Aaranyak appeal to Dispur
Disaster tag sought for man-elephant conflict by NGO
- Published 31.12.18, 12:06 AM
- Updated 31.12.18, 12:06 AM
- 2 mins read
Aaranyak, an NGO, which has been working for wildlife and conservation issues in the Northeast, has demanded disaster status for man-elephant conflict.
The organisation said funds should be procured accordingly from the departments concerned to initiate the process.
“The efforts by the Assam government in the past two years to save rhinos have produced desired results. Rhino poaching across the state has reduced owing to the commitment of the government. Similar commitment and time-bound action are now needed to turn the man-elephant conflict into man-elephant co-existence,” the secretary general and chief executive officer of Aaranyak, Bibhab Kumar Talukdar, said on Sunday.
The Uttar Pradesh government is the first state government in the country to declare man-animal conflict to be a state-declared disaster in October.
This brought such incidents under the ambit of the State Disaster Response Fund (SDRF) to ensure better co-ordination and relief during such mishaps in the state.
The state government order makes it mandatory for the authorities concerned to disburse the relief amount within 24 hours of the incident and production of the victim’s post-mortem examination report.
“The elephant has been declared a national heritage animal in India. Humans and elephants have lived for ages in harmony. However, in the past two years, man-elephant conflict has gone out of control in Assam with casualties in both human and elephants shooting up,” Talukdar said.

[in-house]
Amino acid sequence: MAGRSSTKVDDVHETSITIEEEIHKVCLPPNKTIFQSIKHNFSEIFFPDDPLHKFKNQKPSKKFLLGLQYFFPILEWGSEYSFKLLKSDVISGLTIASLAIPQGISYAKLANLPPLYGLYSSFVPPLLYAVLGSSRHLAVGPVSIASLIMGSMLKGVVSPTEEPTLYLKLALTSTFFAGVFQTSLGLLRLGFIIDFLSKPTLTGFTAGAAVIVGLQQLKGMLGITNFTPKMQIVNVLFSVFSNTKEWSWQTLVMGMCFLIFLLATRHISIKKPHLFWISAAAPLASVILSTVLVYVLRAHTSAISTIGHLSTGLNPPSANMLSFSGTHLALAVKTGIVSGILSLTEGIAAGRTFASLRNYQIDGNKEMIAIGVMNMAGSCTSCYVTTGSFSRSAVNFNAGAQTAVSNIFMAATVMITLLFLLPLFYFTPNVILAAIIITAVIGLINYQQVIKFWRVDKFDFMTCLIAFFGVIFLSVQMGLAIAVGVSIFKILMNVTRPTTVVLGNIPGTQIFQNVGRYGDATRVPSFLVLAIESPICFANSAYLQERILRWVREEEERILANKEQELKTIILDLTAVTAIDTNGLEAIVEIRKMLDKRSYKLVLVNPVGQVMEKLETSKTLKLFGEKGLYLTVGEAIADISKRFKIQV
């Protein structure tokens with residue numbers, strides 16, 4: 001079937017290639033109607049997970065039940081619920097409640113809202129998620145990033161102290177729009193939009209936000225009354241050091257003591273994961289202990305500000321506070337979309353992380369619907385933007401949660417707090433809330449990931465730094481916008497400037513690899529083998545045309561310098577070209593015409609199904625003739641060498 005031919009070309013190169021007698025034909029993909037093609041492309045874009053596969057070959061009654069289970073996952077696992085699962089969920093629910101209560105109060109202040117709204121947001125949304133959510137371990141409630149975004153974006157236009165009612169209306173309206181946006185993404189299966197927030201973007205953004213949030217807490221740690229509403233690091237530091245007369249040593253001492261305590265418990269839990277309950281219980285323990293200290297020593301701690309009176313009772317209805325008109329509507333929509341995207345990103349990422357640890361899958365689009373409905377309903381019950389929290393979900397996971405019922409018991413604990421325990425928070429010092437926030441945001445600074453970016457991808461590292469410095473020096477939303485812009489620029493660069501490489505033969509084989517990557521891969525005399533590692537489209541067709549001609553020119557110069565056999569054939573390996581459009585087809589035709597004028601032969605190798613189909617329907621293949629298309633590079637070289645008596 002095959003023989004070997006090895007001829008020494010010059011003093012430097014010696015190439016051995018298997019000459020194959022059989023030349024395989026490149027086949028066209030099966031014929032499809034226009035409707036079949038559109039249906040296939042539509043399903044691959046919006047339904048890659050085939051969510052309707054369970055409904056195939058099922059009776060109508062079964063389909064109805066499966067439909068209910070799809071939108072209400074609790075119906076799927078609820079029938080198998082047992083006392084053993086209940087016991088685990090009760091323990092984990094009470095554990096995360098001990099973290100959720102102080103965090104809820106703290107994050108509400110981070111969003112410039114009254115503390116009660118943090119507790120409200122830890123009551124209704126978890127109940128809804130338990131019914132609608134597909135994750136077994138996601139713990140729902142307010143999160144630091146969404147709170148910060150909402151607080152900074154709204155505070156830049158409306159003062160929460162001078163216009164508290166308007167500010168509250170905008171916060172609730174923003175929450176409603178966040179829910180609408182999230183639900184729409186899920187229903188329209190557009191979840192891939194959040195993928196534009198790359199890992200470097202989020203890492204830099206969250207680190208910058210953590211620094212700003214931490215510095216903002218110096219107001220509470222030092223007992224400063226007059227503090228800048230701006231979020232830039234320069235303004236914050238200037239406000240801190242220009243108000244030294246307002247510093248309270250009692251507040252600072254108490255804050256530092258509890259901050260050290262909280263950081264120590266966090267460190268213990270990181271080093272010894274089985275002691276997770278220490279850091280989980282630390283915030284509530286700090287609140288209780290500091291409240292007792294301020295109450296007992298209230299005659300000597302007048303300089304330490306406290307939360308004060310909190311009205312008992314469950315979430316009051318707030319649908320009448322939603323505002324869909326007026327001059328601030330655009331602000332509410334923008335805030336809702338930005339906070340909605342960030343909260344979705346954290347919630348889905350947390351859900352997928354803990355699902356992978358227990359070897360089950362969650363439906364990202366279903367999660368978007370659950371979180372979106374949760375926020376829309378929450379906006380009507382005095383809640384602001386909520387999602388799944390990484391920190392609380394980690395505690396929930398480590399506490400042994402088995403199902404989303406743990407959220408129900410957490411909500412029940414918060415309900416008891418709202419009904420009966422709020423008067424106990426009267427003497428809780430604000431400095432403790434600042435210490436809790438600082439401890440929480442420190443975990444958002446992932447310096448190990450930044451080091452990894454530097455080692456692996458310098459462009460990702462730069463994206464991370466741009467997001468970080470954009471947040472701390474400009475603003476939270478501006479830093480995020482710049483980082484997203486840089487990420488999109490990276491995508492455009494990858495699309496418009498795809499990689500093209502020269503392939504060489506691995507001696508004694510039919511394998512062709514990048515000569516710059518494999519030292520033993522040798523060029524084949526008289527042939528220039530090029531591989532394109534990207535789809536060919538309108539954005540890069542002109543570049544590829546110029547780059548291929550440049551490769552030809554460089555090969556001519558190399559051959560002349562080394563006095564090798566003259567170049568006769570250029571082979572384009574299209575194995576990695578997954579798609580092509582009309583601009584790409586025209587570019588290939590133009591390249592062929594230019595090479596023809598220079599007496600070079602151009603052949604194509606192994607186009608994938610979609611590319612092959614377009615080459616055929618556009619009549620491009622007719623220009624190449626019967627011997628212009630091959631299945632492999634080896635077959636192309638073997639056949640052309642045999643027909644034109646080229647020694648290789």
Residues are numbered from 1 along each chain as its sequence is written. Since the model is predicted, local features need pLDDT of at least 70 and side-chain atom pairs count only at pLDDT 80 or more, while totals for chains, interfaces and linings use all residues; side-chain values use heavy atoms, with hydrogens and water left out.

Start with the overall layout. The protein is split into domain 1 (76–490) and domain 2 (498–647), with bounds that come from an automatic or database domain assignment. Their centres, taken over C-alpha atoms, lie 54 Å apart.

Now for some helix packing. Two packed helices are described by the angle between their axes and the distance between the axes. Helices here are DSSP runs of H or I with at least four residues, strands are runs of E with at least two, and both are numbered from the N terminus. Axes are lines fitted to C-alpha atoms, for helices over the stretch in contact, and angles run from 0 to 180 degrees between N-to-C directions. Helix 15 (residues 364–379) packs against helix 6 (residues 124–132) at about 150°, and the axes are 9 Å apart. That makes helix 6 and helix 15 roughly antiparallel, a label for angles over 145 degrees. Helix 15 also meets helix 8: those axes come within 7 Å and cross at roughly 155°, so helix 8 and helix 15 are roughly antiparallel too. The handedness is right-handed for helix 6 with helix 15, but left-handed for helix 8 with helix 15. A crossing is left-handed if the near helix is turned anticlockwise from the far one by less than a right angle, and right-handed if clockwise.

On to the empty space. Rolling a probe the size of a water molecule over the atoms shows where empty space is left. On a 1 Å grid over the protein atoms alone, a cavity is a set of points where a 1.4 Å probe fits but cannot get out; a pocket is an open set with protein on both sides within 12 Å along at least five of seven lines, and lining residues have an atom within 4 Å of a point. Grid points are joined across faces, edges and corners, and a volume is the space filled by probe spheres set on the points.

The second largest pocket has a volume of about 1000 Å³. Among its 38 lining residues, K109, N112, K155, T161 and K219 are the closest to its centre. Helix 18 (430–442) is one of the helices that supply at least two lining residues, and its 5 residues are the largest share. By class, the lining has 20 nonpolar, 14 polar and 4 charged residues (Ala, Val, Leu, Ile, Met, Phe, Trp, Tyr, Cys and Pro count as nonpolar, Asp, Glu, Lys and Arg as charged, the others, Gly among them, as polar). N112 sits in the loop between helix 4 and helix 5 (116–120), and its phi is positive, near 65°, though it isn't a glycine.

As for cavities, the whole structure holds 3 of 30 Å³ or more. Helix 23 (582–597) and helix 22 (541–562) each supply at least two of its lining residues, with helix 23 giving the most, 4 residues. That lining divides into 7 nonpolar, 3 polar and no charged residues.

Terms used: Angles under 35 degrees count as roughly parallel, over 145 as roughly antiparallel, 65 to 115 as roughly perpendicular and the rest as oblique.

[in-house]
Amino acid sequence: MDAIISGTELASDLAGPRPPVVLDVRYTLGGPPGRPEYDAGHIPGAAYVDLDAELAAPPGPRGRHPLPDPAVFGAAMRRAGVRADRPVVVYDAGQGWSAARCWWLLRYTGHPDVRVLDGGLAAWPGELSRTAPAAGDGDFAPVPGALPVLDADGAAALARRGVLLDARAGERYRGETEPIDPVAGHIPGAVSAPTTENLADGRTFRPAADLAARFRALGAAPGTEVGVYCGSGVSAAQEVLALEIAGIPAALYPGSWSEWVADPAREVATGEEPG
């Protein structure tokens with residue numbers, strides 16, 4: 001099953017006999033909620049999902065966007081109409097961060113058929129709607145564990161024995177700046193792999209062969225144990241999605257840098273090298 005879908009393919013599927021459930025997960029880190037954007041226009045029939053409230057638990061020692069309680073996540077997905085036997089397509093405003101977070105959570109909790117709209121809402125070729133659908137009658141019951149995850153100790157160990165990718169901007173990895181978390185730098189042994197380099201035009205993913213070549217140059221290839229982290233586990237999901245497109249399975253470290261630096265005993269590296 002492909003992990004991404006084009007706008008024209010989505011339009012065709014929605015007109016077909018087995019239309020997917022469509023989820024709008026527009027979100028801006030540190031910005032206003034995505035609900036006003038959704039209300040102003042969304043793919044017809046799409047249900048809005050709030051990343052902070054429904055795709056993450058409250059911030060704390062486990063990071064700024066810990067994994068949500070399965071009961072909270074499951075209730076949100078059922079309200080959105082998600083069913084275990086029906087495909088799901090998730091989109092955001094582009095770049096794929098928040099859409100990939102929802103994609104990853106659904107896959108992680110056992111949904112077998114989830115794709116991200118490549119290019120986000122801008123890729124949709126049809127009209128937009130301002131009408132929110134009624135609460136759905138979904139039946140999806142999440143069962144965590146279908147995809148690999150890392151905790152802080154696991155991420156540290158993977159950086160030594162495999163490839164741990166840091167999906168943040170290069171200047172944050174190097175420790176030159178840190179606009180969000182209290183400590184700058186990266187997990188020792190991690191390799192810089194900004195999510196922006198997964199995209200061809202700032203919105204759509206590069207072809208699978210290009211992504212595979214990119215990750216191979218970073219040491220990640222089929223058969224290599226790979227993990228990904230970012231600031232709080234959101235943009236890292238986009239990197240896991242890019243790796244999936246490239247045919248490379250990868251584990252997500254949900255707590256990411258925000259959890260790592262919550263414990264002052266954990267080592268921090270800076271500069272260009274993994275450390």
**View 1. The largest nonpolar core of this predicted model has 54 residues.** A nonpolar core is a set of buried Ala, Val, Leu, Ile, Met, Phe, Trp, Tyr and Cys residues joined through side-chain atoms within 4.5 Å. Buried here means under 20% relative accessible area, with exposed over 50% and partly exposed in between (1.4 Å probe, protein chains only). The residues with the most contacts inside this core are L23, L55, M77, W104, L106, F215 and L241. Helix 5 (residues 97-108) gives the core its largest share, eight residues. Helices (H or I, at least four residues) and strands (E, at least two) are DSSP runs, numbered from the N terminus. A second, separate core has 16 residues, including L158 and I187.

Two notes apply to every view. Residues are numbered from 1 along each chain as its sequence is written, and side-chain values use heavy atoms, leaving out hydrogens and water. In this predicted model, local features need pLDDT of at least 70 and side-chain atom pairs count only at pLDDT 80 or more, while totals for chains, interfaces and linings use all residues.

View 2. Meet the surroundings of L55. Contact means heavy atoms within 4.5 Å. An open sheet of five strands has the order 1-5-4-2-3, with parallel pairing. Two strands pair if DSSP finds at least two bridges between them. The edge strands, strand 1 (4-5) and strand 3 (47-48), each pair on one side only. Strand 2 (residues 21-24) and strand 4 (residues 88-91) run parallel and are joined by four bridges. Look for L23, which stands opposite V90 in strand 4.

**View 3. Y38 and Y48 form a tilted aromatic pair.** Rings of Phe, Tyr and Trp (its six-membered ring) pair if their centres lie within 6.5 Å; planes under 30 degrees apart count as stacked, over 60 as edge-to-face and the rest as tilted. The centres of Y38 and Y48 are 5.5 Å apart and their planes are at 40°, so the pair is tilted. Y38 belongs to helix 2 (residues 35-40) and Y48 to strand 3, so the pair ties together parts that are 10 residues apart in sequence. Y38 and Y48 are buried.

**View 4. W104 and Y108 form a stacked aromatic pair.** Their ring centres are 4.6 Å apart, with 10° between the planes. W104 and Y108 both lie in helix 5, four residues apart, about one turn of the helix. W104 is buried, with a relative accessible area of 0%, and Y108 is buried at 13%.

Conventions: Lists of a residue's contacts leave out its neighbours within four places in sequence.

“Doesn’t it merit immediate discussion at the government level? Increasing ex gratia for death of people because of elephant attacks outside forest areas is not the solution. The issue has to be resolved through time-bound steps. It is the need of the hour,” he added.
In Assam, man-elephant conflict has been frequent in Udalguri, Sonitpur, Nagaon, Karbi Anglong, Golaghat and Majuli districts over the past few years.
“We all know that the main reasons for an increase in the level of conflict are rapid decline of forest cover in parts of Assam and loss of traditional elephant movement paths because of linear infra-structure development projects and also because of encroachment,” Talukdar said.
The organisation asked policy makers of all northeastern states to resort to out-of-the-box thinking to chalk out a well-coordinated policy, covering the region-wide conservation issues.
“The Northeast needs uniform and need-based strategies and regional coordination among policy makers to conserve nature,” he added.
“In such a crisis situation, vastly verdant and pristine nature in the Northeast, including parts of the eastern Himalaya and the India-Myanmar biodiversity hotspots, needs concerted efforts for conservation of its nature and resources, rivers and other waterbodies for the well-being of not only the country but the entire planet,” Talukdar said.